Just call me Mr. Möbius

They say writing isn’t a sprint but a marathon. I say its a goddamned möbius strip.

Two months of heavy editing on my historical adventure novel and it’s finally finished.

For now.

Probably.

Maybe.

I say that because I’ve gone through more than a dozen rounds of revision on this book and each of the last five or six times I thought I really was done.

Maybe this is a normal part of the writing process and maybe it means I’m shit on a hot stick and need to find another hobby.

Hard to say.

What I do know is that I give my manuscript to a paid reader who returns the pages with their thoughts on how the story could be improved.

Then, I go line by line from the beginning.

I reread the words.

I replace some words.

I recite passages aloud.

I correct spelling errors.

I rewrite wonky paragraphs.

I move paragraphs around.

I write new paragraphs.

I spend forty-five minutes staring at 175 words that don’t quite make sense but feel as though they truly belong … somewhere.

When I’m lucky, I find a spot for them farther up or down the page or in a different chapter altogether.

As I am what Stephen King calls a “putter-inner,” I usually don’t lose words in my revisions but add a few.

About that.

This time, I went from an 86,000-word manuscript—which I have been working on since sometime in 2015—to just a frog-pube over 107,000 words.

I know. I know.

The goal of editing isn’t normally to increase the volume.

However, I swear on my dead mother’s corpse that each and every one of those vowels, consonants, and p-p-punctuation marks were necessary.

Are necessary.

Sooo necessary.

What? My mother’s not dead?

Shit!!!

When all this is done, I close my laptop and stare at the wall with a great sense of accomplishment … which is three seconds hence dry-humped by self-doubt.

I don’t know about you (why would I?) but this transitioning from slavish writing routine to suddenly having no brutal taskmaster mewling in one’s ear for attention initiates a trick-peanut-brittle-can-black-hole effect which threatens to crush the spirit … and evaporate the bourbon reserves.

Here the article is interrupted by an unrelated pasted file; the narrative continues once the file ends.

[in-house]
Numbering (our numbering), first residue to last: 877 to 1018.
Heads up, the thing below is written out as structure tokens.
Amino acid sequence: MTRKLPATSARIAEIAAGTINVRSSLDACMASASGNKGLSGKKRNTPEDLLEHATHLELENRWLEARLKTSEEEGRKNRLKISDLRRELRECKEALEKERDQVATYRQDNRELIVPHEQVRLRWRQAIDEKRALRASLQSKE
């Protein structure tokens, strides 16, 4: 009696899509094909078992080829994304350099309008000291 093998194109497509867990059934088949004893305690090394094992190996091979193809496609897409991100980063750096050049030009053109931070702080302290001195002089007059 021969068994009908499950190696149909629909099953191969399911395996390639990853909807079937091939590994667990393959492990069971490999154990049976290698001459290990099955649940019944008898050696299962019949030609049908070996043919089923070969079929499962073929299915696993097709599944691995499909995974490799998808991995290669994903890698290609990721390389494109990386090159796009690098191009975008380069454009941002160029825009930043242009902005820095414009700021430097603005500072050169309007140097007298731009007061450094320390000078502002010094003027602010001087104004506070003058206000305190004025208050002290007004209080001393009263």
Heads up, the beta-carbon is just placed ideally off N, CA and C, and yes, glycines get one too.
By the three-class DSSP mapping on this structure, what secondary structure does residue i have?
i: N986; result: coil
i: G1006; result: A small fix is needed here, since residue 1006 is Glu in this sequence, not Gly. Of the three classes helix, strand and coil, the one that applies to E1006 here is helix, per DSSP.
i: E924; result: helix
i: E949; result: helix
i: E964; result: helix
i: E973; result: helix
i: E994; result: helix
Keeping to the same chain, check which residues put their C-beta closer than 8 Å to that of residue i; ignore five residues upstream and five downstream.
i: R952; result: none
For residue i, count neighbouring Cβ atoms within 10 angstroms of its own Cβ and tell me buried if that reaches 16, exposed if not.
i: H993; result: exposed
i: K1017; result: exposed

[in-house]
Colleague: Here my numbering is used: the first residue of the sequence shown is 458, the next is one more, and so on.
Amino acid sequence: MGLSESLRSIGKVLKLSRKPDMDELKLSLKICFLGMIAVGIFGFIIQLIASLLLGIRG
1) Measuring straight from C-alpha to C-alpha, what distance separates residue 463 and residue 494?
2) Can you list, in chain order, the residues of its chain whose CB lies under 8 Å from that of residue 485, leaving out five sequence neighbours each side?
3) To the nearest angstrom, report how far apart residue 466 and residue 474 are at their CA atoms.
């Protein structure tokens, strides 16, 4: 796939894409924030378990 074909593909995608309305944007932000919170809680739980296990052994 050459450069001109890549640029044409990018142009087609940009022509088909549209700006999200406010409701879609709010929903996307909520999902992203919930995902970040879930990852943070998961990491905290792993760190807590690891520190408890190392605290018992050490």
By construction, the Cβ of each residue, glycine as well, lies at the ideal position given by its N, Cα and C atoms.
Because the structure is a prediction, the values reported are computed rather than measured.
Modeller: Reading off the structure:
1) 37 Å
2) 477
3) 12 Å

Finishing a book project also means moving on to the part I least enjoy—trying to sell the fucking thing.

I mean, I really hate it.

I don’t want to search for an agent.

I don’t want to negotiate with a publisher.

I can’t imagine having to bang people over the head with my story on Facebook and Twitter and whatever the hell Instagram is.

So, I generally end up just starting a new book project and writing short stories and pretty much ignoring all that scary authoring type stuff.

Which is probably why I have four books and zero book deals. And that sucks because I think I’ve got some pretty thinky, entertaining stories to share.

What do I know.

Still, I promised myself and the only three people who give a rat’s ass whether I put pencil to paper that I’d work on submitting my stuff.

Can I call my life’s work “stuff” and be taken seriously?

Though, how pretentious is it to call your scribblings “my life’s work.”

Ugh, what a douche.

Anyways … that’s exactly what I did.

I’ve been working up a pitch in my spare time so that, when the historical adventure novel was finished, I could send it right off to a potential publisher.

And I did.

The very night I finished what ended up being a two-month revision spree (clocking easily 40 hours per week on the damned thing) I submitted to a publishing house which just so happens to be taking un-agented submissions.

Regardless of whether they show any interest, I’ve got other books to send to agents and short stories to write and the notes for the novel I plan to pen in 2019 burning a hole in my non-existent genuine buffalo hide messenger bag that costs like $489.00 plus shipping—hint-hint!

The moral of the story is the work never ends.

The wife once asked when I’d like to retire.

I said retire from what: reading, writing, drinking coffee and eating sandwiches? Listening to Once Upon A Time in Paris a hundred times a day? Giggling over my own witty (according to me of course) prose or luxuriating in someone else’s? Discovering a new word that tickles my middle third? Or penciling a paragraph that brings tears to someone’s eyes?

I’m more than OK doing the same thing over and over and over again. Cripe, that’s what writing is: think-scribble-revise-repeat.

Just call me Mr. Möbius. After all, someone’s got to write all these books nobody is reading.